• The art in The Banner Saga is gorgeous, the characters are compelling, and it builds a real sense of impending doom as the caravans move across the map. It’s part RPG, part resource-management, and part turn-based tactical combat, which keeps it interesting. Play it.

  • I’ve always shied away from miniatures games given the up-front cost, the time commitment required to paint them, and the complexity of the rules. Star Wars X-Wing solves all of those problems: a cheap starter set, beautiful pre-painted models, and simple rules that nevertheless allow for interesting tactics and scenarios. Pew pew pew!

  • I’ve just started playing The Legend of Zelda: A Link between Worlds on the New 3DS, and I’m enjoying it a lot.

Happy new year.

On the first of January 2002 new banknotes were introduced in Europe. In addition to windows and gateways, these seven banknotes also depict several bridges. … However, the bridges portrayed in the banknotes are fictional.

They have been designed to prevent one single member state from having a bridge on their banknote opposed to other states not having any depicted in theirs. In other words, “member state neutral” banknotes.

They were fictional bridges, that is, until a Dutch municipal council decided to troll the European Central Bank by building all seven around a new housing development.

Falsely Shouting Fire in a Theater: How a Forgotten Labor Struggle Became a National Obsession and Emblem of Our Constitutional Faith:

Why, after all, might Holmes have remembered and reached back to an incident from the nation’s bitter labor history to describe an equally bitter conflict over war and peace?

Perhaps it is because there is an intimate connection between public safety and private authority. A safe and secure nation, many believe, is publicly united—and privately obedient. Workers submit to employers, wives to husbands, slaves to masters, the powerless to the powerful. A safe and secure nation is built on these ladders of obedience, in its families, factories, and fields. Shake those ladders and you threaten the nation. Stop people from shaking them and you protect it. …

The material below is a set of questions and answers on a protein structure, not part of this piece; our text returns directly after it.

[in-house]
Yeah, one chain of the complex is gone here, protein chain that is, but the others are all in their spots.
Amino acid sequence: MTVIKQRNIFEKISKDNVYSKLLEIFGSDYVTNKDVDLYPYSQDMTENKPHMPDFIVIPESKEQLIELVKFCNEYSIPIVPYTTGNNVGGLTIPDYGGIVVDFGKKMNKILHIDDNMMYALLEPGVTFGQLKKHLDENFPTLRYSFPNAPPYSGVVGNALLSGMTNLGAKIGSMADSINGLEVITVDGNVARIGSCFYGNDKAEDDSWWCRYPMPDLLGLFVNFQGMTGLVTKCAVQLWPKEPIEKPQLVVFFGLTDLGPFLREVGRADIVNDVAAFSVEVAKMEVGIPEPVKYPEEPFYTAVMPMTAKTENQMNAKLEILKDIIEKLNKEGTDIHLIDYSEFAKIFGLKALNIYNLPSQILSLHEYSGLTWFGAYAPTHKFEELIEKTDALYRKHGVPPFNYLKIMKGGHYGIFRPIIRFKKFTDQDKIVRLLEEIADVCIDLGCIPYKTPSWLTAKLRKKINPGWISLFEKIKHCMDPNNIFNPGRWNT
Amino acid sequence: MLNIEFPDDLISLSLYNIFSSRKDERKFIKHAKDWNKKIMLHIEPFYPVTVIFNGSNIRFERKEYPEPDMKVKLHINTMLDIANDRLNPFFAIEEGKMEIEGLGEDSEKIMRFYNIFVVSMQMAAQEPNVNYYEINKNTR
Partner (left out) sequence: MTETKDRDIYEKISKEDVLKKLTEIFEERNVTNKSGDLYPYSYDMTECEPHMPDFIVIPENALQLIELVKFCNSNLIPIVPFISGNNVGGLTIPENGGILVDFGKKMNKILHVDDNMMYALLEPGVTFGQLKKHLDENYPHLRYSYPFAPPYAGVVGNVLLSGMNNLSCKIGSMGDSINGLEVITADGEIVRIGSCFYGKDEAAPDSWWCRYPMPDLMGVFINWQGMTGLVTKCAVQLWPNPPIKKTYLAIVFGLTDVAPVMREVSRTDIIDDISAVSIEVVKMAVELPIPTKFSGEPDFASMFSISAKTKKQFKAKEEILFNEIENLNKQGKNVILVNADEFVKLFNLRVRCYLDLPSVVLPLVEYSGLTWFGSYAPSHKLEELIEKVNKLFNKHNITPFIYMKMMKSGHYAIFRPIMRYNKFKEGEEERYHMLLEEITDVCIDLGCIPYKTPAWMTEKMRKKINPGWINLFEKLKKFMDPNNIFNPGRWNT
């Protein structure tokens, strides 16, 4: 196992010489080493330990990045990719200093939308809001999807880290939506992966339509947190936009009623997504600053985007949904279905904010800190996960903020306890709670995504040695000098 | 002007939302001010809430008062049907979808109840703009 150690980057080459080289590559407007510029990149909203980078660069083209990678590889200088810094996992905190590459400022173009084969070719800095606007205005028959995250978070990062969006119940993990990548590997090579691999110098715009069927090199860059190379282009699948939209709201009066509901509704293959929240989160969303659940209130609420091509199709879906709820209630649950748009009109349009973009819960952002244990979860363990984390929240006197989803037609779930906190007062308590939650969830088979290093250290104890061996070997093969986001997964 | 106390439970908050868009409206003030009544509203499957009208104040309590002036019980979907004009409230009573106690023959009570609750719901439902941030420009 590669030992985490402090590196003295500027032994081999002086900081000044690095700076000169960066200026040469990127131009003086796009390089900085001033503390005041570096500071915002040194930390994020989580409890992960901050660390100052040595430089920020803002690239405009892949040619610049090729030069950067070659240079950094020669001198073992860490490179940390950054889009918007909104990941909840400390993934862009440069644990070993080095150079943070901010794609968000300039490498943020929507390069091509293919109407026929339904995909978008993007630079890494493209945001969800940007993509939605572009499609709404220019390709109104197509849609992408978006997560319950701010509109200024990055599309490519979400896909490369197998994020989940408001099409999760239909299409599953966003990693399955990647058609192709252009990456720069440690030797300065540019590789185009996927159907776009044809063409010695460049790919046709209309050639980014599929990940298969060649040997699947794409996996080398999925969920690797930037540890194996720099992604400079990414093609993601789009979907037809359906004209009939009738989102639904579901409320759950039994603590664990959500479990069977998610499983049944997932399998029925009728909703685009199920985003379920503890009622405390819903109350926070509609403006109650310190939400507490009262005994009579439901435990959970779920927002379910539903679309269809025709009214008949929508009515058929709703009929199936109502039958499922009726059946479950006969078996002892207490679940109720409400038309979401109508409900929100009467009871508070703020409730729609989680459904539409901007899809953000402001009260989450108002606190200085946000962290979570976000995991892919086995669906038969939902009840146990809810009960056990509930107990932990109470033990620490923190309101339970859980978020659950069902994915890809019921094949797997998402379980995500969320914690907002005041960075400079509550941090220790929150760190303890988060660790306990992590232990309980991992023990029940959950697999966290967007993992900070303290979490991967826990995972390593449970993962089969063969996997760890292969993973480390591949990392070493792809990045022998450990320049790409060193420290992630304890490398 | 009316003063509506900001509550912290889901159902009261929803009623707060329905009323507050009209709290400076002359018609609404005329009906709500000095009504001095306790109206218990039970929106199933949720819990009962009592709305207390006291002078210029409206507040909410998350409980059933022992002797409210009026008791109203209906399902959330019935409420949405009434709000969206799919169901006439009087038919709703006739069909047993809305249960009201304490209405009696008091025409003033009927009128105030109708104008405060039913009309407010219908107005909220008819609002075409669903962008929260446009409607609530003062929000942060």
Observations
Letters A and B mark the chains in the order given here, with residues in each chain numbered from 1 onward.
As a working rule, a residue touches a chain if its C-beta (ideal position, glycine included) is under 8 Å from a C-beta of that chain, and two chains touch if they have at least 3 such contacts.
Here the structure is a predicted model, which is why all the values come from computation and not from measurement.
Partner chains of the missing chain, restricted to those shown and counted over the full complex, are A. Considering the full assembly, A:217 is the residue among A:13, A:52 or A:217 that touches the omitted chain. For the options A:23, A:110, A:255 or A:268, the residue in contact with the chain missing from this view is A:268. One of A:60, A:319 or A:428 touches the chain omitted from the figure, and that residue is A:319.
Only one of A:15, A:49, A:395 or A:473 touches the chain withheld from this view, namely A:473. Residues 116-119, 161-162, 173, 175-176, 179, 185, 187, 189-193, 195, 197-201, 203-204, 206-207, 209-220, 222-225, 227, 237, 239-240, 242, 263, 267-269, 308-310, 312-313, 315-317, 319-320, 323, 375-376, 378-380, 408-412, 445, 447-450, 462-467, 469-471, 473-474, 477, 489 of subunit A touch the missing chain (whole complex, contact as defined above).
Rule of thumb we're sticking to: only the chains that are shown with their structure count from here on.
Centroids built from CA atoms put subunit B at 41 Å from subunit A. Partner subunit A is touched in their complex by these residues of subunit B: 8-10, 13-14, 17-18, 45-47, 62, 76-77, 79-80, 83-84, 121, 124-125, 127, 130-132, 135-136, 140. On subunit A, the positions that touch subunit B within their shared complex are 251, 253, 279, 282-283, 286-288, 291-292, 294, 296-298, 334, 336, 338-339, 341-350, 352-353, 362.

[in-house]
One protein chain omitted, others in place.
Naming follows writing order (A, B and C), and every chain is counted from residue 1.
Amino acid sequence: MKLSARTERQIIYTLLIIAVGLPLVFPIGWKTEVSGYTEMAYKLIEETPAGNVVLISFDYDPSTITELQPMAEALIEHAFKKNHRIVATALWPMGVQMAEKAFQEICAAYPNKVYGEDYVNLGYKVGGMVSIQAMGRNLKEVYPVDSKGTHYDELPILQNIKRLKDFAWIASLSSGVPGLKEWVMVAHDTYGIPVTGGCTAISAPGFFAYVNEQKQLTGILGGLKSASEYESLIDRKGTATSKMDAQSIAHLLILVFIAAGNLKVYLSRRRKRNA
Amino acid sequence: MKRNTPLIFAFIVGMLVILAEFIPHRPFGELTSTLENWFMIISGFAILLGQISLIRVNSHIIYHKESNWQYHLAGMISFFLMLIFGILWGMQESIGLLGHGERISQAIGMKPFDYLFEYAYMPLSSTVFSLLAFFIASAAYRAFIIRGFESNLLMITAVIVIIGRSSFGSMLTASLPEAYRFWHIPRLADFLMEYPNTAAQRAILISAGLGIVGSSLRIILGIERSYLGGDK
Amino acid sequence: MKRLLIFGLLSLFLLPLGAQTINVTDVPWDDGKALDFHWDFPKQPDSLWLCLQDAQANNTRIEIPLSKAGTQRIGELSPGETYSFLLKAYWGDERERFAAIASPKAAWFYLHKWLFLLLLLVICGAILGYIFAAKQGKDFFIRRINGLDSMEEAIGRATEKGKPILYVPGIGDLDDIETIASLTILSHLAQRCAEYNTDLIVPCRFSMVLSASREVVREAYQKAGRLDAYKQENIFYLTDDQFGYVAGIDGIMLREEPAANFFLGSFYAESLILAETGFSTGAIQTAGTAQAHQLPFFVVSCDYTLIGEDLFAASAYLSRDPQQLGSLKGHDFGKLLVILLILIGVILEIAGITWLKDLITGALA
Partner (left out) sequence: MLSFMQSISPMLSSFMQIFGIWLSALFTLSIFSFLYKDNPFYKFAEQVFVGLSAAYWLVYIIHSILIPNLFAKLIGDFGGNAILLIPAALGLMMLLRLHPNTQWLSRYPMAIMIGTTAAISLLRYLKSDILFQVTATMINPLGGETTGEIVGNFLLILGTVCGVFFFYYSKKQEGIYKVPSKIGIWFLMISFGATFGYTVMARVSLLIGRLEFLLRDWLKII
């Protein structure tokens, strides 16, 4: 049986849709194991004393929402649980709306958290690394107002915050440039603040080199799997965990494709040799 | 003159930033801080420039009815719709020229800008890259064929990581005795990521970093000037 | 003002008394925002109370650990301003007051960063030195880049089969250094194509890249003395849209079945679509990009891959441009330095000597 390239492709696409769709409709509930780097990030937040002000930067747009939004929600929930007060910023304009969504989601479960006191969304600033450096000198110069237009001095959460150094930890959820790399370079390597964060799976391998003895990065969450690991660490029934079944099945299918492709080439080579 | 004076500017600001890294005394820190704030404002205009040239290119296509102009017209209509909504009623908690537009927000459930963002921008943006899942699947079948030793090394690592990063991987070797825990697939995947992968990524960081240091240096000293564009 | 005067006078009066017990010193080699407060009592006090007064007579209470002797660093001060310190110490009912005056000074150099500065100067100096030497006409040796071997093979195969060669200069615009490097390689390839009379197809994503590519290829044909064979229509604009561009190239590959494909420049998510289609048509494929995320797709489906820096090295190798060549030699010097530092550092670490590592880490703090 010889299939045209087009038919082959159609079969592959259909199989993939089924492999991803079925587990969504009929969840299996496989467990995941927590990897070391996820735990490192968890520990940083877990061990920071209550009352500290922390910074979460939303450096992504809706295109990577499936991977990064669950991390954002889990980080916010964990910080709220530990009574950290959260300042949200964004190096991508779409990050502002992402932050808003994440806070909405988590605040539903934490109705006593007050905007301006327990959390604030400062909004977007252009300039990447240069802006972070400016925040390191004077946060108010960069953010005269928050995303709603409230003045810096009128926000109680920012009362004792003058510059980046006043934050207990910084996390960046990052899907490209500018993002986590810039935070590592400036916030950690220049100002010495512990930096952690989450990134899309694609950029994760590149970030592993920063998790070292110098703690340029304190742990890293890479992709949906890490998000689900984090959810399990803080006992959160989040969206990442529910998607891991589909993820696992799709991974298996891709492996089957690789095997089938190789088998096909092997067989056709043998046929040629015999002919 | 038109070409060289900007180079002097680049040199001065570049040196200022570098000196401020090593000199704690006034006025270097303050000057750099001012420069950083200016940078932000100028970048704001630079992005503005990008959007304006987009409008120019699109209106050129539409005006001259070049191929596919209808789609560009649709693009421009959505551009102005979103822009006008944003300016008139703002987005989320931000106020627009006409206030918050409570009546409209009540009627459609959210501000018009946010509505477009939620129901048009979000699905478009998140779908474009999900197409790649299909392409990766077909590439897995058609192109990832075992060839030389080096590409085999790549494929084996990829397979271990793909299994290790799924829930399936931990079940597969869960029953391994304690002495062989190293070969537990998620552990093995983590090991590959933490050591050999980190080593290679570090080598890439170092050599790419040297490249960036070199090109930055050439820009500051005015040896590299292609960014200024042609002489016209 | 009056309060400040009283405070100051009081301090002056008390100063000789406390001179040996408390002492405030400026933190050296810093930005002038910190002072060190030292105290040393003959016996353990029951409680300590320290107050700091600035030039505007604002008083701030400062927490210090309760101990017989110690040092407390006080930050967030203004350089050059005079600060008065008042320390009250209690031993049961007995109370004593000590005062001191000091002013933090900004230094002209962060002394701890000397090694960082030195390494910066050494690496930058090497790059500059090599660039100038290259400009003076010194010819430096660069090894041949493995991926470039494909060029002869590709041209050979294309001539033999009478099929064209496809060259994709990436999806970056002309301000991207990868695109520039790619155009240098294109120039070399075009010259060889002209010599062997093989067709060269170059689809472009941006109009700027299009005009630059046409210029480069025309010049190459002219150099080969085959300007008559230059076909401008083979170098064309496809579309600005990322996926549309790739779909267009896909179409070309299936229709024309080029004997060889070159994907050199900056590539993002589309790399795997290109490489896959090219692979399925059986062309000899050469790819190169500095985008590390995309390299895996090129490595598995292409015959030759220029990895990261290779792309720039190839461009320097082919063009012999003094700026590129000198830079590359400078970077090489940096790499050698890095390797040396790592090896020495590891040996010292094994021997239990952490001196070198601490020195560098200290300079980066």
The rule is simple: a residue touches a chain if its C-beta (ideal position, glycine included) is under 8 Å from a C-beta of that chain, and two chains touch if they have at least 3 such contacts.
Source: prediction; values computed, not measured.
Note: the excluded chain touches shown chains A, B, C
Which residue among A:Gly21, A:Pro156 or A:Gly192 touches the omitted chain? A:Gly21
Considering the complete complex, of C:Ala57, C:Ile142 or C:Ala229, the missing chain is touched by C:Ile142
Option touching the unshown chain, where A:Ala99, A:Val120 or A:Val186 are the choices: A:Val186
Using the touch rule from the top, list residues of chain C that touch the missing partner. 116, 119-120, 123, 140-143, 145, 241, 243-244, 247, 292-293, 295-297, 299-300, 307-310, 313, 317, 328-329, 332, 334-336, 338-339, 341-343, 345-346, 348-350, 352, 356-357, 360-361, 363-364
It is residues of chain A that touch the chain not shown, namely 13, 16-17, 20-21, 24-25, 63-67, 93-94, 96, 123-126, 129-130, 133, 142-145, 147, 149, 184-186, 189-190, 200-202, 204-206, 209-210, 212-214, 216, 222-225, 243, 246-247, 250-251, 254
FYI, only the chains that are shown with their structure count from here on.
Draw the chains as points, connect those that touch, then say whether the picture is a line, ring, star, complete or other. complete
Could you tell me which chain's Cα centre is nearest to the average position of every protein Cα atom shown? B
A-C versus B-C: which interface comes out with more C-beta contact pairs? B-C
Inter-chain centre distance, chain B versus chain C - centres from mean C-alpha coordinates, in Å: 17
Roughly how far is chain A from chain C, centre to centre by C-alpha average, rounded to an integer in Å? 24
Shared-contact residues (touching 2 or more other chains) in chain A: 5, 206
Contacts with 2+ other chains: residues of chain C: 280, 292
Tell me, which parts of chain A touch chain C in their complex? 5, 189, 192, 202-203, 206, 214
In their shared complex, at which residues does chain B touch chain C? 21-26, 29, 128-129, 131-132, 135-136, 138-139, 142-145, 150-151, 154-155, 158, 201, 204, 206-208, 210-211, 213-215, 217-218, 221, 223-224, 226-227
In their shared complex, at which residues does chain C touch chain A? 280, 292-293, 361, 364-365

“Men feared witches and burned women,” wrote Justice Brandeis in Whitney v. California. That’s true, but men also feared women and burned witches.

Tracey Thorn:

The true reward of making a Christmas album lies in becoming part of people’s annual traditions. I released Tinsel and Lights in 2012, so this will be its third outing on the festive turntable, and I am already getting tweets telling me that it has been fetched out of the box in the loft, along with the actual tinsel – all scruffy with bits of Sellotape that fixed it to someone’s bedroom wall last year.

I’ve never made a Christmas album, but I do share a Christmas mix every year, and a few people have complained that it’s late this year, so that’s nice. (Here it is.) I enjoy the process of digging up new versions of old favourites, and finding a few nice ones in the deluge of dross. Sadly, this year Suburban Sprawl quit publishing their usual holiday sampler. Fortunately, you can still listen to the archive, including my all-time favourite Christmas song, Will Yates’ Third-Grader Confronting the Possibility that Santa Doesn’t Exist.

Ayn Rand reviews children’s movies:

“101 Dalmatians”
A wealthy woman attempts to do her impoverished school friend Anita a favor by purchasing some of her many dogs and putting them to sensible use. Her generosity is repulsed at every turn, and Anita foolishly and irresponsibly begins acquiring even more animals, none of which are used to make a practical winter coat. Altruism is pointless. So are dogs. A cat is a far more sensible pet. A cat is objectively valuable. —No stars.

Reverse engineering the Beatles:

The mathematical tale of the Beatles’ Magical Mystery Chord is a tale of 18th century mathematicians, the study of heat, Karaoke tricks and a measure of luck.